By Carol Vaughn —
“I am heartened to say we can now hook up new businesses to our sewage system,” Mayor Frank Russell said at the March 14 Parksley Town Council meeting.
He said, “So Parksley is open for business.”
The news comes after lengthy discussions between town and county officials and the health department.
“We have been told for years and years and years, probably 12 or 15 years, that our sewage plant was engineered improperly, one thing after another, and that is would never be suitable for (new) businesses to hook up in town again,” Russell said.
The town a year ago contracted with Environmental Systems Services, certified sewage engineers, to carry out services for the sewage system, which serves the business district.
“We have better numbers than what the health department is looking for now,” said Councilman Ricky Taylor. He said Parksley “is one of the premier systems on the Shore now.”
Russell said the town already has received two or three calls from people interested in opening a business in Parksley.
“The word has gotten out,” he said.
Still, he urged anyone interested in opening a business to discuss details with the health department — in particular those interested in opening a business that would be a heavy user of sewage facilities, such as laundrymats or bakeries, among others.
Town Addresses Derelict Properties
Town Clerk Lauren Lewis spoke about Parksley’s efforts to address blight, including updating the Town Council about owners’ responses to notices of violation of the blight ordinance sent by certified mail.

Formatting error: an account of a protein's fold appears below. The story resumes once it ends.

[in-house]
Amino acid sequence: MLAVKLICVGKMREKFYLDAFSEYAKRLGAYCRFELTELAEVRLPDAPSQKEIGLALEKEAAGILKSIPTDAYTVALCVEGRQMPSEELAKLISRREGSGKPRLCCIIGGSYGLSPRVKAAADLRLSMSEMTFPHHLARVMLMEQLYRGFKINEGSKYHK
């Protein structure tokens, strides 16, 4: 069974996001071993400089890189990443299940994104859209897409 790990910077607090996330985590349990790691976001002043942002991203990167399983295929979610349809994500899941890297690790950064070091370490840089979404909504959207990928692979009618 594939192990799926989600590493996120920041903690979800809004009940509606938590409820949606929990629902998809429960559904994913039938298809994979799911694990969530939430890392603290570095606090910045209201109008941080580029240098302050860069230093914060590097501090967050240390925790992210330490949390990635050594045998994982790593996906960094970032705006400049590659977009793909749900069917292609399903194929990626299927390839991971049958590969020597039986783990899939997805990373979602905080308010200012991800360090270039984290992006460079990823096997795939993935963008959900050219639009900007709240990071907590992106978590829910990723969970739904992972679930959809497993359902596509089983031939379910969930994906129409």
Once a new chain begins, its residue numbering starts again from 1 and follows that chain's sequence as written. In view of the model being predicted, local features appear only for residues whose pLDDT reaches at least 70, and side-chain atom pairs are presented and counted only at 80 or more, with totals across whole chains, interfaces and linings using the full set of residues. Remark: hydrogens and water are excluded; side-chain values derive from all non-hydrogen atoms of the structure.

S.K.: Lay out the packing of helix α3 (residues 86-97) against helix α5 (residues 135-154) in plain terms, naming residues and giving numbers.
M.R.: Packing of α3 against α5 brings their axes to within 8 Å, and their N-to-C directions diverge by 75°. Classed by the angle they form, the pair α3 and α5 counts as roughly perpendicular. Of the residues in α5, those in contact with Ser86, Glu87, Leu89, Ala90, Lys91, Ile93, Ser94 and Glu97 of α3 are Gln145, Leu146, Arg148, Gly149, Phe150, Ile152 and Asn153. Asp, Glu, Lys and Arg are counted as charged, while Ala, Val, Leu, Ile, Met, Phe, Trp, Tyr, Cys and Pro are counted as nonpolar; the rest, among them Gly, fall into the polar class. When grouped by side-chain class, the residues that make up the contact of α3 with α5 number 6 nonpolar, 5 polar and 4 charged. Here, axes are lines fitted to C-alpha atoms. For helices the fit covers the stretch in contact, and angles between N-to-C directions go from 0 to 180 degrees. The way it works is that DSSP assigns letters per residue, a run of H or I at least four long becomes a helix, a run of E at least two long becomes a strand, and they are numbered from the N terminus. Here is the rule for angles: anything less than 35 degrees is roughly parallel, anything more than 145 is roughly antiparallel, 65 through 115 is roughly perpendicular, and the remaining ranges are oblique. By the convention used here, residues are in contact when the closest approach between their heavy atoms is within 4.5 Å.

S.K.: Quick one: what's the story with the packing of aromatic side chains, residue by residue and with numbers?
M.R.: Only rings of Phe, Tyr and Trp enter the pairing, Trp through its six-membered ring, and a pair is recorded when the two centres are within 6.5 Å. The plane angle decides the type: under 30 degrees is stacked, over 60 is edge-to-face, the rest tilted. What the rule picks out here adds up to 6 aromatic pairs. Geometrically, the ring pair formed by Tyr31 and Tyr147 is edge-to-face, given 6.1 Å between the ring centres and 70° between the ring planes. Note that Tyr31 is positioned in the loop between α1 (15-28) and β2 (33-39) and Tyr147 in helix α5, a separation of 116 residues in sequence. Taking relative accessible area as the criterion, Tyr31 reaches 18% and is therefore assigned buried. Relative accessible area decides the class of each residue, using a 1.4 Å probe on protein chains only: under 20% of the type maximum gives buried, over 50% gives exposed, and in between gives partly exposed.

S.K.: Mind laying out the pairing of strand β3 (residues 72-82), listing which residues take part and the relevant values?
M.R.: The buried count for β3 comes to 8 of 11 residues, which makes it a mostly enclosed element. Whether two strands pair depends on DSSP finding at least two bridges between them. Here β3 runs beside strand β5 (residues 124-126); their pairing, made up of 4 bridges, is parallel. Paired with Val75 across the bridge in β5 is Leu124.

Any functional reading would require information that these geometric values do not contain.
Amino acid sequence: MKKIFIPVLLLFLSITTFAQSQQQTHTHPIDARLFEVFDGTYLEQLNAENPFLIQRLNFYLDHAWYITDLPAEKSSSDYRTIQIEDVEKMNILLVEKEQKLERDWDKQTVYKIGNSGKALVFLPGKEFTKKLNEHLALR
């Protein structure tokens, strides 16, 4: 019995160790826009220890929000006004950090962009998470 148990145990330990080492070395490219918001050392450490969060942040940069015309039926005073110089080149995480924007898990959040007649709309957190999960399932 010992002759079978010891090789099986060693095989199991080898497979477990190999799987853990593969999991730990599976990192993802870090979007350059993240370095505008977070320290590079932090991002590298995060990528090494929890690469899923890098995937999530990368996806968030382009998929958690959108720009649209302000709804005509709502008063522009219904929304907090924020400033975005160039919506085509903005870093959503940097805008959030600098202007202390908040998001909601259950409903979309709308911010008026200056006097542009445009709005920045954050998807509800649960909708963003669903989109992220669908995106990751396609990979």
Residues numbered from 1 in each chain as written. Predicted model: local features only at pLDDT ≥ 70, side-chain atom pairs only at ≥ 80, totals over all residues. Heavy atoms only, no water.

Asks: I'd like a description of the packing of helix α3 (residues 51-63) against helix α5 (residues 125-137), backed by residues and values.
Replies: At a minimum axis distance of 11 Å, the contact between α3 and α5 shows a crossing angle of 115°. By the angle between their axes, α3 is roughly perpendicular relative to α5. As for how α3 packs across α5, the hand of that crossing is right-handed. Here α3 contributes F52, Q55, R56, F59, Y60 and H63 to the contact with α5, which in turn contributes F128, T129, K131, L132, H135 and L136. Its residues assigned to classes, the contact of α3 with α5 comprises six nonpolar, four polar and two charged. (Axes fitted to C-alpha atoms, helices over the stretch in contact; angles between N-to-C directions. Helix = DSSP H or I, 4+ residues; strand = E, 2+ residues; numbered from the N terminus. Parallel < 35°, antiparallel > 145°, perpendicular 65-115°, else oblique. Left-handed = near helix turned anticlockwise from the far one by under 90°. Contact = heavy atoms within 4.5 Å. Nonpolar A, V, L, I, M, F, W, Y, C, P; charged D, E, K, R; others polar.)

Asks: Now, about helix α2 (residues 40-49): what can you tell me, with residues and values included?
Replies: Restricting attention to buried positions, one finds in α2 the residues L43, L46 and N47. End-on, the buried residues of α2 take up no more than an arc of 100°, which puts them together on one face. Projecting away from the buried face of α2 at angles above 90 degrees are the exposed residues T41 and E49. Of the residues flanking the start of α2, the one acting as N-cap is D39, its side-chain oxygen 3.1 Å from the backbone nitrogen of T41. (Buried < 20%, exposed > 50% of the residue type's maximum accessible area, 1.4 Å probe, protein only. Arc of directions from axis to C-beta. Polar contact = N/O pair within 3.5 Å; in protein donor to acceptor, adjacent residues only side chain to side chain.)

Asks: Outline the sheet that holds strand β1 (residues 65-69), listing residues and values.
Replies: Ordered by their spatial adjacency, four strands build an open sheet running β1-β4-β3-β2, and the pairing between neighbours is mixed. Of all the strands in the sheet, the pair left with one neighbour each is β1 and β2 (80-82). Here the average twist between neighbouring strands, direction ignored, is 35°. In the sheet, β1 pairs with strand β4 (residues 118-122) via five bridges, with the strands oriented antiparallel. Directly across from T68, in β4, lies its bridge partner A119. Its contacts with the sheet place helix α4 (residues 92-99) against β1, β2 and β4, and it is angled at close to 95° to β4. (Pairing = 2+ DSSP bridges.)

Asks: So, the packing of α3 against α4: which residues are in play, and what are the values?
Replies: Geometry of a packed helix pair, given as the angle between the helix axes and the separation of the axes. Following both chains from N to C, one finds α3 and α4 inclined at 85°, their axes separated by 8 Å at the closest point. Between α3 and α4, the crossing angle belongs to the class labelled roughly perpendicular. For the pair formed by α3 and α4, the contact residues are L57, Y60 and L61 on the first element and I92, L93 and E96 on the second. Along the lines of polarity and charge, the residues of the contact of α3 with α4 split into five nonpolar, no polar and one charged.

The town recently enacted a blight ordinance, which may be viewed at https://www.parksley.org/town-ordinances
The town attempted to send a notice to the owner of a house at 24133 Bennett St., Lewis said, noting, “The house is falling apart. The back door was kicked open last I heard. There’s nobody there and it’s in a business name. We tried to find them; the company doesn’t exist.”
The owners also are delinquent on real estate taxes and the matter has been turned over to delinquent real estate tax collection attorney James Elliott, Lewis said.
Another derelict building on Callen Street recently was burned in a controlled burn.
A building at 18491 Dunne Ave. that had bricks falling from it into the alleyway has undergone repairs to the masonry after owners received a notice from the town.
Another house, at Adelaide Street and Dunne Avenue, received the notice of blight ordinance violation, sent by certified mail, but did not respond, Lewis said. The matter has been turned over to the town attorney for condemnation.
The owner of 24081 Willis St. did not pick up the notice of violation. The matter has been turned over to the town attorney.
The owner of 24333 Adelaide St. picked up the notice and indicated they would start making repairs, but did not. The matter has been turned over to the town attorney.
The owner of 18299 Wilson St. has engaged a contractor to make repairs, Lewis said.
The town attempted three times, unsuccessfully, to send the owner of the former Lunchbox restaurant a notice of violation. The matter has been turned over to the town attorney.
The former shirt factory building was sent a notice in October. The owner said he would send a written explanation of what he was going to do to fix the building and when it would be done, but the town never received written information, according to Lewis.